(home, austerity)

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I need five different medications but not once have all those been available. Sometimes they give me three or two, and when I am lucky, four. I call this ‘Greek style’: one month they have it, one month they don’t. They tell me to buy the rest privately but there is no way I can afford that. I currently get 150 Euros per month to sustain me, but I send 100 Euros to my wife in Syria and I’m their only source of income. So, I have only 50 Euros a month to cover all my food, transport, everything...

(austerity)

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I had the choice of living in an apartment but I’d have to share it with 5 or 6 people. Here, I live with only 2 people and one is my nephew. Living in the camp has also helped me create networks with people, with organizations. But it can sometimes be annoying. Many times, I’ve been sitting with my neighbours in front of our containers having tea and chatting, and you see people from organizations walking around, looking at us. Even though most of the volunteers here are really supportive, there are some that come and spend a day here just to take photos and say they’re doing something for refugees. We are not creatures in a zoo, come on! Last week François Hollande, the former President of France, was in the camp. A few weeks before that the Irish president was here and the newspaper took a photo of him speaking with me. So just so you know, I know presidents!

(hospitality)

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Back home, you counted. You had people who cared for you, who depended on you. It’s different when you are a refugee. Here, it is just me. I have no social value, no influence. No one cares. If I miss an appointment, no one will notice. I got sick and missed 2-3 weeks of lessons of a course and when I went back, I realised no one even noticed I was gone. It’s a very unsettling feeling. In Syria, if I was 20 minutes late to work, colleagues would already be asking if everything was okay.

(loss)

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It takes time to be friends with Greek people, which is understandable. Their information is only the news and there are a lot of people coming from Syria, Iraq and Afghanistan, countries where wars just go on and on. When people first look at you they will see you as a refugee, not as a sovereign being. Not the person that had a life, with social networks and value in the community. It takes time for people to know who you are, as a person.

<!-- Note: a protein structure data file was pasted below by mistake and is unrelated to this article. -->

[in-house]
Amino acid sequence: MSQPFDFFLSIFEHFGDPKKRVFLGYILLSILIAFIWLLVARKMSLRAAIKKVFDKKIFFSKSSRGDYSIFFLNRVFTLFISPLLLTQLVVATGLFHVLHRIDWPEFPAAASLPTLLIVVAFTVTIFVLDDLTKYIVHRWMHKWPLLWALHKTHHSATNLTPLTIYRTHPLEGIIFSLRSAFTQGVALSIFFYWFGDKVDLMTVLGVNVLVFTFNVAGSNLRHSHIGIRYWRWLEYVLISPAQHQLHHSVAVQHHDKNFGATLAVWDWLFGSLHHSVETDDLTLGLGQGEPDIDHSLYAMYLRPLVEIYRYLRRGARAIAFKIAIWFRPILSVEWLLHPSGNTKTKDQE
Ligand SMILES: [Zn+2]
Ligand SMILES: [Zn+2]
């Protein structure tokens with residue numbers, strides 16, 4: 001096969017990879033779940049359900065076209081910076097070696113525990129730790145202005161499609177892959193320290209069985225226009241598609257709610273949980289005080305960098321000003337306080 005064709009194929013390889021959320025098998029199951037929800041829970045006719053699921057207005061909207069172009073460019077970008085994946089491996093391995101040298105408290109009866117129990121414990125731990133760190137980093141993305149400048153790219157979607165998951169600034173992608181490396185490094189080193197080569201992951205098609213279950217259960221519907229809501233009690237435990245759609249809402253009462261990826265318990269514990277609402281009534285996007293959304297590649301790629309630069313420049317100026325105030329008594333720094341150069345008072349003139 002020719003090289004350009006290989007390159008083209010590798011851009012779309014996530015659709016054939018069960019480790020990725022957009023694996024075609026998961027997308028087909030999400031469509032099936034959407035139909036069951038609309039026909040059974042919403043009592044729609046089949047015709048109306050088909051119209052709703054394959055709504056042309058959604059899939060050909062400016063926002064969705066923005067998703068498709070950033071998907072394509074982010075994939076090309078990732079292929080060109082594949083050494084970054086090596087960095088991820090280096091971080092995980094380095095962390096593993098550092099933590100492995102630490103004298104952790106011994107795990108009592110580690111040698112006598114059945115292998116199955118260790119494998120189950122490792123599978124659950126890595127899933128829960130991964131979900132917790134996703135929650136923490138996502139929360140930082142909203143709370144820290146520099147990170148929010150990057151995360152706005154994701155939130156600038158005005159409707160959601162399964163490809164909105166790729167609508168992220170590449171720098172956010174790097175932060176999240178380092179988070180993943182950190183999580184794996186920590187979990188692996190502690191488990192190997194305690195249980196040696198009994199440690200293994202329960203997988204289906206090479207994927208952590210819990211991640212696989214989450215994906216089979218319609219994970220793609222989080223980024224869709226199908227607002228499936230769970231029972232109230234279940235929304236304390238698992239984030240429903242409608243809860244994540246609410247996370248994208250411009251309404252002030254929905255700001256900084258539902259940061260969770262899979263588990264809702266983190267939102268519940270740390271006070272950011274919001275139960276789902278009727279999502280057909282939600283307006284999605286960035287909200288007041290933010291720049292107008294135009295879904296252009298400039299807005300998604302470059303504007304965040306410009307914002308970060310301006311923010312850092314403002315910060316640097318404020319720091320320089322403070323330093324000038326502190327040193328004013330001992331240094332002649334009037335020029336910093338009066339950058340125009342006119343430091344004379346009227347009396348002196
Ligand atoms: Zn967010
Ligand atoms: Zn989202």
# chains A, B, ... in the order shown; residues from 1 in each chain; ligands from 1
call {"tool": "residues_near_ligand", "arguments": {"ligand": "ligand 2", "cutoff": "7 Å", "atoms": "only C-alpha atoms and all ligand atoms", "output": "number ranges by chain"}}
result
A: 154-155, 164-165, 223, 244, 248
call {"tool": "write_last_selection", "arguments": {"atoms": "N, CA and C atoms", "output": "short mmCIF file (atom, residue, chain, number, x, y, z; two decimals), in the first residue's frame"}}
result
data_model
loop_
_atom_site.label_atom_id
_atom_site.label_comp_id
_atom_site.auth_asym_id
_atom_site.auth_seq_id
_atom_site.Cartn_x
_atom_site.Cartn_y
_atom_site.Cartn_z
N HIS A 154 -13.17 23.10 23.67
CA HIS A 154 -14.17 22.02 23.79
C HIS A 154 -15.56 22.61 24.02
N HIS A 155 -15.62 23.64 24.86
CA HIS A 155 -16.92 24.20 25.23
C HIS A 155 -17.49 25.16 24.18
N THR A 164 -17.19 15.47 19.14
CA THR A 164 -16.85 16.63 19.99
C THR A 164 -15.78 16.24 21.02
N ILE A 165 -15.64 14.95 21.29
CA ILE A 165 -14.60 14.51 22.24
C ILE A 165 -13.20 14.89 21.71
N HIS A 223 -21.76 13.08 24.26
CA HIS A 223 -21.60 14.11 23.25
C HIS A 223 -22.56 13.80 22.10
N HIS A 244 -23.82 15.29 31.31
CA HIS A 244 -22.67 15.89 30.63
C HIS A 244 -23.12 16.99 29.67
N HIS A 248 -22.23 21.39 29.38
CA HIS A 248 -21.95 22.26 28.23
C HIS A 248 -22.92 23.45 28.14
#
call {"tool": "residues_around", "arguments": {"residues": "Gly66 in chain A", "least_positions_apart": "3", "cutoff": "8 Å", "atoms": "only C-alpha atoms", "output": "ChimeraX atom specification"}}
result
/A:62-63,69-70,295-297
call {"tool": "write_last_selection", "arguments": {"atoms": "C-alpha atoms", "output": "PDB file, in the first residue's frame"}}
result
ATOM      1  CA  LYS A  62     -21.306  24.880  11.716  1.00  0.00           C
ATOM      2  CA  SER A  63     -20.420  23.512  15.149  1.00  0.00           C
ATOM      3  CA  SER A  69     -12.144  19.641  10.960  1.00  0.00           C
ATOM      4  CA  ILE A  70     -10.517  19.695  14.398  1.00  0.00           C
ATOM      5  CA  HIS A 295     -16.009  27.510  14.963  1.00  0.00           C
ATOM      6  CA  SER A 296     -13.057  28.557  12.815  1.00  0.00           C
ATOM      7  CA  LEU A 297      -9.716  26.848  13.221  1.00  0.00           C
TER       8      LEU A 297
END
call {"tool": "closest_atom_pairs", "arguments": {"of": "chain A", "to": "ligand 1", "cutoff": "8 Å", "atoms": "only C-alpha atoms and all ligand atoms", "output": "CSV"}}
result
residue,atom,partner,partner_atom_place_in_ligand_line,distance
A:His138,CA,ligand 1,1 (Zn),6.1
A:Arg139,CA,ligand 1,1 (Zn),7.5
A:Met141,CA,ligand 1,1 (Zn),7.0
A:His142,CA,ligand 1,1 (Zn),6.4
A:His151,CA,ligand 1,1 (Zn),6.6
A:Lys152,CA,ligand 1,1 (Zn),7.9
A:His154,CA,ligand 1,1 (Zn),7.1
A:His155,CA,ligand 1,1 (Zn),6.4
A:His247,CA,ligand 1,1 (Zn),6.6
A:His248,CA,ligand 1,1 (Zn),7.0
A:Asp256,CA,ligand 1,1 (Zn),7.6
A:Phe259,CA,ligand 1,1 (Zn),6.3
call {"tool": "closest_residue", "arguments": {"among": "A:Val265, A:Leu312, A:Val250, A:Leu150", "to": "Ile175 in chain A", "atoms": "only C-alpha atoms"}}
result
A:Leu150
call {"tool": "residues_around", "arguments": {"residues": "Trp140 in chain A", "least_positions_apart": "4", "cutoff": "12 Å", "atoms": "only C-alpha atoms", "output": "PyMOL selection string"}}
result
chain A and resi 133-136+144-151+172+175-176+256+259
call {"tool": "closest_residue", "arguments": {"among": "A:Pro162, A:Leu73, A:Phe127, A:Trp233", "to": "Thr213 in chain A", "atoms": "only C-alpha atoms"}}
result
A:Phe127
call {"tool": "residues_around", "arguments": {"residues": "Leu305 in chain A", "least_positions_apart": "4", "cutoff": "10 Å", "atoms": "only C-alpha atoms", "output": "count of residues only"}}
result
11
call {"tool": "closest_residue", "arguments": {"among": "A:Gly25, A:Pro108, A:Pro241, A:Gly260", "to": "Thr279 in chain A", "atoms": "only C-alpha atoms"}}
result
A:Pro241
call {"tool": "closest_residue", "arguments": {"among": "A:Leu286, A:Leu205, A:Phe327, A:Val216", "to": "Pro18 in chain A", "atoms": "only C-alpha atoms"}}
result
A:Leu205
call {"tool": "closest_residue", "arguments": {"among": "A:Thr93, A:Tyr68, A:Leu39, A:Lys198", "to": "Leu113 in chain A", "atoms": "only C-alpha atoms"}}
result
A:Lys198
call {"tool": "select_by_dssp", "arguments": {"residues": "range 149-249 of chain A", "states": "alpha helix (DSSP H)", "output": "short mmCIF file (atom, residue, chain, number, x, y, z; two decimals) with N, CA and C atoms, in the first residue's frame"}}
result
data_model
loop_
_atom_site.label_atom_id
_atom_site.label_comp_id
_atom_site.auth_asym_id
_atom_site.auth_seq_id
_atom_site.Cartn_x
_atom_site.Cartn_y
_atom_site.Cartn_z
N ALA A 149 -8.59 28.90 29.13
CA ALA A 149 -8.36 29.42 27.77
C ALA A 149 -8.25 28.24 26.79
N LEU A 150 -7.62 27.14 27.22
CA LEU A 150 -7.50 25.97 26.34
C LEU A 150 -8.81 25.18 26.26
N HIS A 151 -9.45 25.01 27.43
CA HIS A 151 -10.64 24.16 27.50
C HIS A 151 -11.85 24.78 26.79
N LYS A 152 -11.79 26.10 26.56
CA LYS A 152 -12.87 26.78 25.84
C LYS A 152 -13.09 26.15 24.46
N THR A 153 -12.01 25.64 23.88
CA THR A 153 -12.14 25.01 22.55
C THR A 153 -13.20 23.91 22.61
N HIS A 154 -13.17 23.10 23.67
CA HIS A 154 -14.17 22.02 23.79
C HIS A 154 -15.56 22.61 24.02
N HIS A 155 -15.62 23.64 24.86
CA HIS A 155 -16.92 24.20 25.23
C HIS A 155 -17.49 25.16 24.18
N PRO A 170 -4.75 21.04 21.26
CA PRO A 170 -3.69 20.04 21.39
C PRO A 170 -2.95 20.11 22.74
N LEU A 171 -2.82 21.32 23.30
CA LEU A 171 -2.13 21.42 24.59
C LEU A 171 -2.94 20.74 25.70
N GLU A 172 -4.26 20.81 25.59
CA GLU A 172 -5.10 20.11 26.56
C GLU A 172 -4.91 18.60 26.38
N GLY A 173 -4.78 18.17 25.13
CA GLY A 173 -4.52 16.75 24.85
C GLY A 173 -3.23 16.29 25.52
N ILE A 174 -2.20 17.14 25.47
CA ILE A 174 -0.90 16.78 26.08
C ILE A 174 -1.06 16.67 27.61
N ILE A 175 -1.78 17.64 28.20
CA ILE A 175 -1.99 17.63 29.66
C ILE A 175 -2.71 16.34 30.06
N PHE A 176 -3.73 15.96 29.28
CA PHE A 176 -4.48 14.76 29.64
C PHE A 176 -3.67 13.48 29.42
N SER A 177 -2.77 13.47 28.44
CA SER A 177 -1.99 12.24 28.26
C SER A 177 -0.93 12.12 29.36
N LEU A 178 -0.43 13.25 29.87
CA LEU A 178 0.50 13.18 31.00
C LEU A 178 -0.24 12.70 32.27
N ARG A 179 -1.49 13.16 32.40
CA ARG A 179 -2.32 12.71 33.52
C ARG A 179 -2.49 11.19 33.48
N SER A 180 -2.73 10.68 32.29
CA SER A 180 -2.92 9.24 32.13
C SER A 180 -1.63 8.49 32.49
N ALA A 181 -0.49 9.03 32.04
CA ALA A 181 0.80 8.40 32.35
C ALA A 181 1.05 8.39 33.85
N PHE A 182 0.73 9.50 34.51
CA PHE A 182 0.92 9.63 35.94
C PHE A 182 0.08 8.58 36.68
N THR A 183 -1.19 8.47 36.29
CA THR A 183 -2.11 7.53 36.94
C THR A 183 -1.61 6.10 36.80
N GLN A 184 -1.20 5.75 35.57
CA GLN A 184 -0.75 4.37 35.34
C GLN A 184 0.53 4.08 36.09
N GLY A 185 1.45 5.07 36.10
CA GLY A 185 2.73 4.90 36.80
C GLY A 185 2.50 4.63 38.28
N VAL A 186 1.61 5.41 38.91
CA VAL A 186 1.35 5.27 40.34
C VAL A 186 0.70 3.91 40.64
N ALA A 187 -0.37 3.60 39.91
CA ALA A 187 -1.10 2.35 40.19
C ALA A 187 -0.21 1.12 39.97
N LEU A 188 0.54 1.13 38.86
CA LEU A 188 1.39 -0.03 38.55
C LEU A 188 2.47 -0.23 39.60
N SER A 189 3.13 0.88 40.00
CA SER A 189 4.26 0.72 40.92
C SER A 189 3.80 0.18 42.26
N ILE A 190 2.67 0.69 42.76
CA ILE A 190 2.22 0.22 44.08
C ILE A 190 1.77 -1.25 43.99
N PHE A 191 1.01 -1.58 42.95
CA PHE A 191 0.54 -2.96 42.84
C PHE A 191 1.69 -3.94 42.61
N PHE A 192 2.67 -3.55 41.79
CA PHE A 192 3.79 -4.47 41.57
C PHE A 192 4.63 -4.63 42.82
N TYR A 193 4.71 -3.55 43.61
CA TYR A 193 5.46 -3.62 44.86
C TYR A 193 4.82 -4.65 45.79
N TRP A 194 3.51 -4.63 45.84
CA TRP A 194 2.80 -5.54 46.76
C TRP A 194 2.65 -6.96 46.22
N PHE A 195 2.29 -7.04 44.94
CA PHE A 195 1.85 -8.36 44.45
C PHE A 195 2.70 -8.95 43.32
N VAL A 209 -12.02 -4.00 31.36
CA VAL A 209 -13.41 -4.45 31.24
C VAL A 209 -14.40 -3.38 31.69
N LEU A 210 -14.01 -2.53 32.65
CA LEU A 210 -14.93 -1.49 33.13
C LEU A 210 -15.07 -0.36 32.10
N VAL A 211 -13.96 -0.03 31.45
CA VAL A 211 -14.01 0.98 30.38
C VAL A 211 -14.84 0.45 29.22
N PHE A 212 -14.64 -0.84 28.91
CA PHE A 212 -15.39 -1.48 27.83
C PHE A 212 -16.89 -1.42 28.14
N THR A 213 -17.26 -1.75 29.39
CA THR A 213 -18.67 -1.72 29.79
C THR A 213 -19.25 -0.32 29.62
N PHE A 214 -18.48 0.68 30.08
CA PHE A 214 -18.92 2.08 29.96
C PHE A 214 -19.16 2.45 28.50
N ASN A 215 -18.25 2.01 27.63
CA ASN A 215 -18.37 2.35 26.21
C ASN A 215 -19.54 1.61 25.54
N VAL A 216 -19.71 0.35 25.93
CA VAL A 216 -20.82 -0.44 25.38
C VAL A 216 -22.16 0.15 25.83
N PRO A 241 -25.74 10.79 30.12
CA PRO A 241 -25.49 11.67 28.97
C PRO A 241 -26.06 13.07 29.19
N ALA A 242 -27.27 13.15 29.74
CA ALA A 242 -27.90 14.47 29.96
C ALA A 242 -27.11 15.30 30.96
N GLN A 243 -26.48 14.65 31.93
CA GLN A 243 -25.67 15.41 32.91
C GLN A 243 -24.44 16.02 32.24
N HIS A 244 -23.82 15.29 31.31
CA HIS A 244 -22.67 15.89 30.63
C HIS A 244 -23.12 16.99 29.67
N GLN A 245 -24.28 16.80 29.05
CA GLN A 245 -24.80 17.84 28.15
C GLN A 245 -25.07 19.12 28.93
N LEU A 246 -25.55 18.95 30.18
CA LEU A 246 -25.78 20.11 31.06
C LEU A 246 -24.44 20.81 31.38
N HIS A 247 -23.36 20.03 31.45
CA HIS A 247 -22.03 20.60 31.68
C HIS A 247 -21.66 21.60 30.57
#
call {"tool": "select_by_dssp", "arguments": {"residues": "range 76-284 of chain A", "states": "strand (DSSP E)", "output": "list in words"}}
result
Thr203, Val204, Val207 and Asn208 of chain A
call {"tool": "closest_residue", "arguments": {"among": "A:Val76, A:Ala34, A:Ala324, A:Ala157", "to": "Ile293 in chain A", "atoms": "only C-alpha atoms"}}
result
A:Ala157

(connection)

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I come down to the square with my friends and we buy souvlaki from one place and a beer from the other, and we sit down to drink, eat, hang out and laugh. Afterwards, they head out to Exarcheia to continue their night out, but I go back to the camp. If there’s a football game on, I watch it at the coffee shop nearby. My ability to move around is thanks to this electric wheelchair provided by Project Elea, an organisation based in the camp that has been an incredible source of support. They also gave me the chance to return to teaching, something I really treasure. And that’s it really, that’s what I do with my time. I keep saying that when you're a refugee, you have so much time, but you don’t own this time. That’s the problem.

(connection)

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‘Refugee’ is not an adjective. At some level, as a human, you have to feel like you are the centre of some world. It’s not narcissism, just a feeling that others depend on you, on your energy. I’ve helped many members of the community translate letters from English and I teach at the camp as a volunteer. Most of my students have never been to school before, some are even illiterate in their mother tongues. It’s a beautiful thing to see how hard they're trying. They feel like they’re preparing themselves for new lives, that’s why they try so hard. And it makes me feel like I’m helpful, like I'm not just a refugee.

(hope)

Update June 2020 — I was fortunate to receive Greek travel documents, but family reunification remained impossible in Greece. I decided that my best option for being reunited with my family was to travel to Holland and apply for asylum there, but the Dublin agreement stood in my way and my application for asylum was rejected. I have since moved to Germany and have submitted an asylum claim here. It has been 10 months and I am yet to receive a final response from the German government. It has been such a long journey, all of it chasing a dream that is the most basic of rights: living with my family in one place.